The College Seal
circular monogram represents the official seal of Marist College. In 1923
the Scholasticate, called the Marist Normal Training School, was founded
is now the heart of our campus. The year 1929, as seen on the seal, marks
the date when the fledgling school was authorized by the State of New York
to grant Bachelor of Arts
degrees, thereby establishing the novitiate as a college. The date 1946
marks the year in which Marist College received its charter. The large 'M'
in the center is the traditional symbol of the Marist Brothers. The 12 stars,
about the 'M', are a scriptural symbol of the Blessed Virgin, to whom the Marist
Brothers are devoted.
The Latin inscription within the seal "Orare et Laborare," may be translated "to pray
and to work," the original motto of the college.
The Coat of Arms
The emblem pictured to the right is the Marist College Coat of Arms. On either
side of the shield stands the official college mascot, the Red Fox or the Reynard,
chosen for its keen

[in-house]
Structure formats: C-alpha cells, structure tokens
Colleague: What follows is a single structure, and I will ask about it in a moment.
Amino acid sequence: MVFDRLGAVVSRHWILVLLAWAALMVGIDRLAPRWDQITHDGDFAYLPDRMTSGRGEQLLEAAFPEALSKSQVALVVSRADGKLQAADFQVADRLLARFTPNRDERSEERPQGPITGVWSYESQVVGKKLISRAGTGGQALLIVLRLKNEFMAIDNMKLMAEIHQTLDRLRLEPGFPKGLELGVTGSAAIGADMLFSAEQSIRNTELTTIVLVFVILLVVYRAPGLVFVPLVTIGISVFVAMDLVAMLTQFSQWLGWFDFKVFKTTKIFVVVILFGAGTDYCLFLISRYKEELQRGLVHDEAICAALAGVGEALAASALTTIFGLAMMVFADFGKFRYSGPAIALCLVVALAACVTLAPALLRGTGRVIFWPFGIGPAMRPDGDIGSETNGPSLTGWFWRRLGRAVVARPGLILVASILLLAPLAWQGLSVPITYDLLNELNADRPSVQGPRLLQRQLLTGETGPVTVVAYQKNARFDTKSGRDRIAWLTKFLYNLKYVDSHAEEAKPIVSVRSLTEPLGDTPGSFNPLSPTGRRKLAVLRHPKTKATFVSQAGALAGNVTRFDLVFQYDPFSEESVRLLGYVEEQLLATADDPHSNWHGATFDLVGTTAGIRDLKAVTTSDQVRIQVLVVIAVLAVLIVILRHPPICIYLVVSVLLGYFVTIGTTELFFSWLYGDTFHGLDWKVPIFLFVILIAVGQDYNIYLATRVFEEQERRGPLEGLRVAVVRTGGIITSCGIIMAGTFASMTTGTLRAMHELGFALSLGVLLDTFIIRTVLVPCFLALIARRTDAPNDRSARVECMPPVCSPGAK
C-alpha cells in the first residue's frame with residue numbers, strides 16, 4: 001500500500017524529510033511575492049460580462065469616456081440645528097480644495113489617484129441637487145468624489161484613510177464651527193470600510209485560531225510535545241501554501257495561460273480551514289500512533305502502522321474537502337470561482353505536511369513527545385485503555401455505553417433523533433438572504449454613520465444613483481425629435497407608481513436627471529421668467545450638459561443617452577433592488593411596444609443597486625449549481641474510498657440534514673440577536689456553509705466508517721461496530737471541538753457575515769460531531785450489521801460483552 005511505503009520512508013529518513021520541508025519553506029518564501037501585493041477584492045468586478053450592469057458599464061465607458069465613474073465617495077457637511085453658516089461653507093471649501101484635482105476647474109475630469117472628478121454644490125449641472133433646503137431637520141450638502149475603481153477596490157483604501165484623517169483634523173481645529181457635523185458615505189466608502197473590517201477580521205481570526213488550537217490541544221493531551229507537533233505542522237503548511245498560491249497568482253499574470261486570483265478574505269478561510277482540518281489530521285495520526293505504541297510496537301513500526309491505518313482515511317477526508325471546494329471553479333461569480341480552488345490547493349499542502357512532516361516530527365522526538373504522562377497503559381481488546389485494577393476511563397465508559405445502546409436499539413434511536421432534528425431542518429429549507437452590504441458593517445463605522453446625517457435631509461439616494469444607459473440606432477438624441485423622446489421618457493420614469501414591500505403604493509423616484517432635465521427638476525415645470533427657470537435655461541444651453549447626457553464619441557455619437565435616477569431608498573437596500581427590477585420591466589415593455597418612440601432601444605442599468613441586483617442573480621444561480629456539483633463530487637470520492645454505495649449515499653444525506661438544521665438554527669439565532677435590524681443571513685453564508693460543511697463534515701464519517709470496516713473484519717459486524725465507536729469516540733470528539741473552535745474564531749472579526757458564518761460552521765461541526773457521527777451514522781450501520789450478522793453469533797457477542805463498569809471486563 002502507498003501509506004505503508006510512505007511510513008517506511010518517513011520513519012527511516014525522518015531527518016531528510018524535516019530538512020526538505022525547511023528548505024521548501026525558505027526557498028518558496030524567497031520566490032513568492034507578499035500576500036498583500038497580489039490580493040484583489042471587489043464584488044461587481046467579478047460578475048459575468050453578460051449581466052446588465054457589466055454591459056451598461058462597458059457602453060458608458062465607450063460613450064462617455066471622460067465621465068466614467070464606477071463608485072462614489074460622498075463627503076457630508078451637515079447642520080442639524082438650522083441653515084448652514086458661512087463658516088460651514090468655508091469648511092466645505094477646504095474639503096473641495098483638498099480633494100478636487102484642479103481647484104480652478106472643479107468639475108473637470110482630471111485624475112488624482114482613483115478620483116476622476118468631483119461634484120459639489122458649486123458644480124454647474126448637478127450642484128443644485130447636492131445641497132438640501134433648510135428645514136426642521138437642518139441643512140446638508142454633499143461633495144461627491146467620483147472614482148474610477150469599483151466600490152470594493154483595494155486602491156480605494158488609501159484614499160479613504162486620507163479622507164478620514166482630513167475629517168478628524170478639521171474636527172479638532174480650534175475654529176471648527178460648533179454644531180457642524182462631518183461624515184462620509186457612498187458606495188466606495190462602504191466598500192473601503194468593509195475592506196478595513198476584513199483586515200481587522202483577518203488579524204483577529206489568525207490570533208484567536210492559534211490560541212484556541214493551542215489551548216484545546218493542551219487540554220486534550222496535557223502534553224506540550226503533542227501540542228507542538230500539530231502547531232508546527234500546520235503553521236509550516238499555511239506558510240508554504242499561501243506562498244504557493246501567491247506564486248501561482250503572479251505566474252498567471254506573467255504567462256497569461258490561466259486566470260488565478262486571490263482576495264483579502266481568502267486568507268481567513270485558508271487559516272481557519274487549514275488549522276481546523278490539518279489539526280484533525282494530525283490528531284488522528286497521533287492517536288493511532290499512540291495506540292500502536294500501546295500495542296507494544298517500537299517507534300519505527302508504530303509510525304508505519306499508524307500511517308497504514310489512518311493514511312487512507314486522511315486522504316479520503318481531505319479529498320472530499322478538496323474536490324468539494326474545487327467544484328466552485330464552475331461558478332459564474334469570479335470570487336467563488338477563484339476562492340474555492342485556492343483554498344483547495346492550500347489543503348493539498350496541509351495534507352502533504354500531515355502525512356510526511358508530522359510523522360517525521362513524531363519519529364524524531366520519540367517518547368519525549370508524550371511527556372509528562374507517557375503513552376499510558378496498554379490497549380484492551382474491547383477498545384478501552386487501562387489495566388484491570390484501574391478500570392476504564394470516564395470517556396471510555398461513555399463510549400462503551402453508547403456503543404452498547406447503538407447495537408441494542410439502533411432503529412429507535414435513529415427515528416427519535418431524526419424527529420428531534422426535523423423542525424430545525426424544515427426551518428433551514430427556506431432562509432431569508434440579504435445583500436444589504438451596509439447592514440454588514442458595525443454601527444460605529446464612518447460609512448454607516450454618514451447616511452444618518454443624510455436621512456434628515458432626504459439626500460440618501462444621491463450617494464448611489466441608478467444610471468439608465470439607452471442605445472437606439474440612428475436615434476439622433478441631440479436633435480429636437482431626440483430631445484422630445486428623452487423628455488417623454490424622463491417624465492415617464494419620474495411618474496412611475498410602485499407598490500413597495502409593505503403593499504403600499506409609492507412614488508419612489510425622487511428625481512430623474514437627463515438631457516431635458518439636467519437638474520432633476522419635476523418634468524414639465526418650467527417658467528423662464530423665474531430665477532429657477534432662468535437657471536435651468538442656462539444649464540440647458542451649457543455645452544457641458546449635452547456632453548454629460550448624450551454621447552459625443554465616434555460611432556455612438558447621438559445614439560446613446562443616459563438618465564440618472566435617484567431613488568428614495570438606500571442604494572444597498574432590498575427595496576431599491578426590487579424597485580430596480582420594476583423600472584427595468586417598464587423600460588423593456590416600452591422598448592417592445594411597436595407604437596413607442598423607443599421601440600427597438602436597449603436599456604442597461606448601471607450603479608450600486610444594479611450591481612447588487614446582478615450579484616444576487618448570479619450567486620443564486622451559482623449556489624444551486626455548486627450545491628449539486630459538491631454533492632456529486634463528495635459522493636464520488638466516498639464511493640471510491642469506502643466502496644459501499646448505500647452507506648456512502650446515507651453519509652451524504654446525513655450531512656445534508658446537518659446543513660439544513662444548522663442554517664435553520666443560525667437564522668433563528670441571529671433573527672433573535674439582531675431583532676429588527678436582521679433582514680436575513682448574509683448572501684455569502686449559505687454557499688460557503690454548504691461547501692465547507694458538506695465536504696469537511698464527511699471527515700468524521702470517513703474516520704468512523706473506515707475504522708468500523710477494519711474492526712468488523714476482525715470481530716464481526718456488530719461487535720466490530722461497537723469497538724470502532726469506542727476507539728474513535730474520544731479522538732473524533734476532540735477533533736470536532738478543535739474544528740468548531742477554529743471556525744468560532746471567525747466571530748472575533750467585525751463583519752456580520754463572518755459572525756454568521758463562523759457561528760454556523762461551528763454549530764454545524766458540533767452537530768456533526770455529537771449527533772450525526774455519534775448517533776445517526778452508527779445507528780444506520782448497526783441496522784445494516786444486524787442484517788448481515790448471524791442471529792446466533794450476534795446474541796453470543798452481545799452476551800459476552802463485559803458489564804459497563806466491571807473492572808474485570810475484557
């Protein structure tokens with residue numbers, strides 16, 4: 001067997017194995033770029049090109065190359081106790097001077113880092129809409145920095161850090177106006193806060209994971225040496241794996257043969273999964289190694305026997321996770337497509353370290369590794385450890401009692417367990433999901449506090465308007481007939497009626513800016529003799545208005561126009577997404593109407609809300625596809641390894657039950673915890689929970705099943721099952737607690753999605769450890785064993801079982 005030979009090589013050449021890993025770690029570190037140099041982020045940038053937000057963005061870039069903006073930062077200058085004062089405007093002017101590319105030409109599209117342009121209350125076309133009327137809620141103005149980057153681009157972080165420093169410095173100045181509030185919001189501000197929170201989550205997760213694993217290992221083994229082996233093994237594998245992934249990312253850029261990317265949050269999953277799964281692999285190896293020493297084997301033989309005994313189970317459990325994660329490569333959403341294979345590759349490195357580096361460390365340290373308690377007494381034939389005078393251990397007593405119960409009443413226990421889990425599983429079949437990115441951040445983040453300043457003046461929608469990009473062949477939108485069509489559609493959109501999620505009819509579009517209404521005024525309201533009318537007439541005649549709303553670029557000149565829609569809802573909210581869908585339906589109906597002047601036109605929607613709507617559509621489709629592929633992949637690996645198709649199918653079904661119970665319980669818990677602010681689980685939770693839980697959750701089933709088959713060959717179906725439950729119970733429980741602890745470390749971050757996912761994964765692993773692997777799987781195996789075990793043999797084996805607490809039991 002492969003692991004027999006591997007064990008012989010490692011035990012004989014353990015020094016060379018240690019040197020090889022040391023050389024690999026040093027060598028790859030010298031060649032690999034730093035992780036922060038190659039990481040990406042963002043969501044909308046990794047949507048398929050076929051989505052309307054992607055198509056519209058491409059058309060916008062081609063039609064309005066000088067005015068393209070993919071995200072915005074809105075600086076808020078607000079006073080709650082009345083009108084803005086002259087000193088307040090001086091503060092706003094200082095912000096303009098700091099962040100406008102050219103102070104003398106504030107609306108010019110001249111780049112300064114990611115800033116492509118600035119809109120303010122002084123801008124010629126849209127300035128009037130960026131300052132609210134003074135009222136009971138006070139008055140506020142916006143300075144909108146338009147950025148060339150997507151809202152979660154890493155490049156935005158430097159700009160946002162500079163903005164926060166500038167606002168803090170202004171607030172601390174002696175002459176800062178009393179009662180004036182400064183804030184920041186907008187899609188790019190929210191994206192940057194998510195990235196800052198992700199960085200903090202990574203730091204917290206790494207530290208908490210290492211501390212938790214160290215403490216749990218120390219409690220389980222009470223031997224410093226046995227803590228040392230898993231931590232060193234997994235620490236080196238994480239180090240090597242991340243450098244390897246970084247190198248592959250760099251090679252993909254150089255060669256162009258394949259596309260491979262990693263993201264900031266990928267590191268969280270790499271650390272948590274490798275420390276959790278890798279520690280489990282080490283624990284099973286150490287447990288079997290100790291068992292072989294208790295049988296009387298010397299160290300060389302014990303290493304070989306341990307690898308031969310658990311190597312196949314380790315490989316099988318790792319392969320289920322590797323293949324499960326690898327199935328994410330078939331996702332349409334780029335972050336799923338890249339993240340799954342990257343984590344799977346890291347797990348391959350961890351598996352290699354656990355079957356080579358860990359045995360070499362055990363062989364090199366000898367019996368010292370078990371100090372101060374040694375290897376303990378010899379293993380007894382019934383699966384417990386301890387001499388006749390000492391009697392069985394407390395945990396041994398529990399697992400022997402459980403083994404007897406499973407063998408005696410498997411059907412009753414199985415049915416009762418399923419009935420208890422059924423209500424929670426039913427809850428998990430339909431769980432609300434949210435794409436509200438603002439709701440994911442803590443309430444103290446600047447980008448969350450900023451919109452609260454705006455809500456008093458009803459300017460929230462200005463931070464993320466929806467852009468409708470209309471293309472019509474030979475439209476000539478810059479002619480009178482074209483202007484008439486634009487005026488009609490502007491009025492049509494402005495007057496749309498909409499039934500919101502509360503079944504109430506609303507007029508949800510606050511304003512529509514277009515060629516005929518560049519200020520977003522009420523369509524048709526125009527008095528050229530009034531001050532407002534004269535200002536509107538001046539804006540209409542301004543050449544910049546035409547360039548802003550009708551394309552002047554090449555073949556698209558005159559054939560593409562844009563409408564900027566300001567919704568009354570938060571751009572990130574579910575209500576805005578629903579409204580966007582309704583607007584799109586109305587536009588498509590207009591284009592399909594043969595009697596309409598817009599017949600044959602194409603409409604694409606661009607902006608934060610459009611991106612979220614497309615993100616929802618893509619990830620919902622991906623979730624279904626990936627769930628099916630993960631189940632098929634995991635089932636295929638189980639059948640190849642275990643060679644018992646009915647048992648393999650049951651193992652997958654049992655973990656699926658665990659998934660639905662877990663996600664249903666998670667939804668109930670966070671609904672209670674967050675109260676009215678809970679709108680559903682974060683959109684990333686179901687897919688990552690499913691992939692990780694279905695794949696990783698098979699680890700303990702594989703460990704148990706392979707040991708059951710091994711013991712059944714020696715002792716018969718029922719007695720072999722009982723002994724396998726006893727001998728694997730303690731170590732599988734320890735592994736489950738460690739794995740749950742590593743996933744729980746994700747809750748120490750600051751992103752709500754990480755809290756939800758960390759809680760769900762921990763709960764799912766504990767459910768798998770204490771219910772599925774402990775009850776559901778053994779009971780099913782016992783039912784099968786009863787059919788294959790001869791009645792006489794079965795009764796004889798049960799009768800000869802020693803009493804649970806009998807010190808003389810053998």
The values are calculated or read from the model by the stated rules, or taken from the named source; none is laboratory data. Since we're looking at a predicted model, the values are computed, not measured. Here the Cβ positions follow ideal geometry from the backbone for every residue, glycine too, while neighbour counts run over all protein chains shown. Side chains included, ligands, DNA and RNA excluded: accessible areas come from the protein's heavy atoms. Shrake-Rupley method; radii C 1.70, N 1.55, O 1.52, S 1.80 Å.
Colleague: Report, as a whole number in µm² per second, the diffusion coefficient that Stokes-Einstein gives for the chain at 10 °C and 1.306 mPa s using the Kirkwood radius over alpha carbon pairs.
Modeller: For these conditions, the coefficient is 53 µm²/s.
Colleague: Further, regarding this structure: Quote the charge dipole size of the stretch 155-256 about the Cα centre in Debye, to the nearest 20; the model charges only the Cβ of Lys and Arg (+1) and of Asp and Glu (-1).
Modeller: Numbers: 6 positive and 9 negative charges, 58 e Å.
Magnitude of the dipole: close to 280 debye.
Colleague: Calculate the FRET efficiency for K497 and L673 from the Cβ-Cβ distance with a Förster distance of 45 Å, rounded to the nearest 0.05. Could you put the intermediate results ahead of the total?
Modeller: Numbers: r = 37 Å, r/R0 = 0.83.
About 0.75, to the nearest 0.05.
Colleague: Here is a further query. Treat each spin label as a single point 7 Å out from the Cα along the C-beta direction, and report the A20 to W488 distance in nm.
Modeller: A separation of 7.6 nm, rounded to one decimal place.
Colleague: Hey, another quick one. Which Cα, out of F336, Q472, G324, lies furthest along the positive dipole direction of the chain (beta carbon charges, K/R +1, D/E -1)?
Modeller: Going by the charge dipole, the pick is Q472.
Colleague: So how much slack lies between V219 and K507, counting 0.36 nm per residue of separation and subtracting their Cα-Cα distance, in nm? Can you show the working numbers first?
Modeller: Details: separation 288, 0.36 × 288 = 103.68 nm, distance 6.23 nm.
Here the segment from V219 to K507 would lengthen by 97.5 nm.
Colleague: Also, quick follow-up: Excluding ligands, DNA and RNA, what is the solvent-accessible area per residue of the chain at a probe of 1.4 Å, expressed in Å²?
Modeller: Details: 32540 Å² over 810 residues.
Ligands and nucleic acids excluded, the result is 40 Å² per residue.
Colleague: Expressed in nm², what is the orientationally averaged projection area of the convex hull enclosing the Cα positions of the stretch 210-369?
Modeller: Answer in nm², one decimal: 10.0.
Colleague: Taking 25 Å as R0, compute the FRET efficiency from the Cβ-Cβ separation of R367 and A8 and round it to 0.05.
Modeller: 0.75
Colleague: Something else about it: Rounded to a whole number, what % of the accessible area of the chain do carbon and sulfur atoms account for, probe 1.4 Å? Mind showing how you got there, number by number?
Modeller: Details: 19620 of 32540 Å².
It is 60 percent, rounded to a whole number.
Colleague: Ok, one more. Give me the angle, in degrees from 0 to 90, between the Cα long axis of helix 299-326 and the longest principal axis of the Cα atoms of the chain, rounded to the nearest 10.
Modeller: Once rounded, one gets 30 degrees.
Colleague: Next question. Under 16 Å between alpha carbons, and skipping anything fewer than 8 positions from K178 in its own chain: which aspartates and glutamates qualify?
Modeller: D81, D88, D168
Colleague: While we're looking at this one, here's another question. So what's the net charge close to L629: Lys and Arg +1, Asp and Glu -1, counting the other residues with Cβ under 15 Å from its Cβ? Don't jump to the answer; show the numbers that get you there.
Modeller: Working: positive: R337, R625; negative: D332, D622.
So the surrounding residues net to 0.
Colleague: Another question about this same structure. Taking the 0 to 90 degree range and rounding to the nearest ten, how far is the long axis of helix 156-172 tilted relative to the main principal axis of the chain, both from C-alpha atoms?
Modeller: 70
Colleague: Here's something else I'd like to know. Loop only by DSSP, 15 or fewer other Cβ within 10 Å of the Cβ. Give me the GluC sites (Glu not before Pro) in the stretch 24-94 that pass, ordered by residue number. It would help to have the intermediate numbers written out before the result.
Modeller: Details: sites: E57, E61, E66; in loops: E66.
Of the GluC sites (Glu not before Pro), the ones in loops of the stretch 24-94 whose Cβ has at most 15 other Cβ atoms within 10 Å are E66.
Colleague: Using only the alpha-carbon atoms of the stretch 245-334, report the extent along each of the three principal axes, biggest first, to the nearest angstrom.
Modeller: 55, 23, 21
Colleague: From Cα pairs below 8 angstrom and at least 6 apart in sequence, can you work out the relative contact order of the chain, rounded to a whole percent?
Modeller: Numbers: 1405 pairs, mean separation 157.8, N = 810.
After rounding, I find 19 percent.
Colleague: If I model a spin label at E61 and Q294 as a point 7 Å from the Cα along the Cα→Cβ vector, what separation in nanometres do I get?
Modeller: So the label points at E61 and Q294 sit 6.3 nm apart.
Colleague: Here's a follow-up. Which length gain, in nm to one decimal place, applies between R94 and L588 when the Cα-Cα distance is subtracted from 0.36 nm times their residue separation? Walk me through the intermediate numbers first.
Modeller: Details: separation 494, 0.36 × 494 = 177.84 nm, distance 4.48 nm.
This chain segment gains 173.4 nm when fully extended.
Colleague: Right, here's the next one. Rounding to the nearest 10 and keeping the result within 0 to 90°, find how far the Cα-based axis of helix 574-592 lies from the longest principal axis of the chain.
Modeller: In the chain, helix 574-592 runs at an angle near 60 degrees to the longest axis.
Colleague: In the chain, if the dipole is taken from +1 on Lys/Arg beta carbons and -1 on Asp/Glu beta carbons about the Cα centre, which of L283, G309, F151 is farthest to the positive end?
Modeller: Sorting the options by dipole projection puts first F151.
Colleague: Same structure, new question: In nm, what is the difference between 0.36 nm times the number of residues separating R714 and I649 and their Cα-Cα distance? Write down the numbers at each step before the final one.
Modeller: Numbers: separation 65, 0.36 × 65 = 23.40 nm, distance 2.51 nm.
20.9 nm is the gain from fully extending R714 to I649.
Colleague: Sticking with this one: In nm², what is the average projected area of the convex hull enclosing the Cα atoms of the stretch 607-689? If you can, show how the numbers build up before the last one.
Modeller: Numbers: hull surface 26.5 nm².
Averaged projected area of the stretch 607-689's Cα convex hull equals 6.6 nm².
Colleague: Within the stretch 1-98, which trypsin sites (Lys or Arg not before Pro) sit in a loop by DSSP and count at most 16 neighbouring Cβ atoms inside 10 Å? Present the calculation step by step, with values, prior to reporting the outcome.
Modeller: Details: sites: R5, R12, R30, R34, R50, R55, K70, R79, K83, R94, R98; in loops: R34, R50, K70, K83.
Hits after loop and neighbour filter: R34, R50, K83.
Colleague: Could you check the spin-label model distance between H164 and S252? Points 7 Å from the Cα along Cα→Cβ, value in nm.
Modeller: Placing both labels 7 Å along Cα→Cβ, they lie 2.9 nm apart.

intelligence and ingenuity. The red and white college colors are derived from
the coloration of the fox. The Red Fox is also pictured in the college ring.
the left quadrant of the shield appears the traditional Marist bell, originally
used to regulate the lives of the brothers. The Indian seen in the right-hand
of the shield is taken from the seal of the town of Poughkeepsie (from the
Mohegan word 'apo-keep-sinck', a safe, pleasant harbor). The lower half
The nucleus of the atom stands for the sciences, while the open book and
crossed quills represents the humanities. Atop the shield is the official
the bottom is a scroll with the Latin words 'Cum Optimis Litigare', which
translated, means 'To strive with the best.'
The Red Fox
A 1961 meeting marked both the birth of the Marist College basketball team and the
adoption of 'Red Foxes' as the official nickname and mascot. Athletic Director
Brother William Murphy decided to organize a varsity basketball team to play scheduled
games against other schools and thought a nickname and logo would be appropriate.
While glancing at a sports catalog, Brother Murphy noticed
a reynard, more commonly known as a red fox, on the cover of the book. He
decided this fury little creature,
indigenous to the Hudson Valley, was to become the mascot and logo of all
Marist College teams.
The reynard comes from a great medieval cycle of stories
that originated in the Low Countries, Northern France, and Western Germany.
The rarity of the word prompted Brother
Murphy to choose the general term 'Red Foxes.'
Cannavino Library | Archives and Special Collections |
last updated on July 19, 2004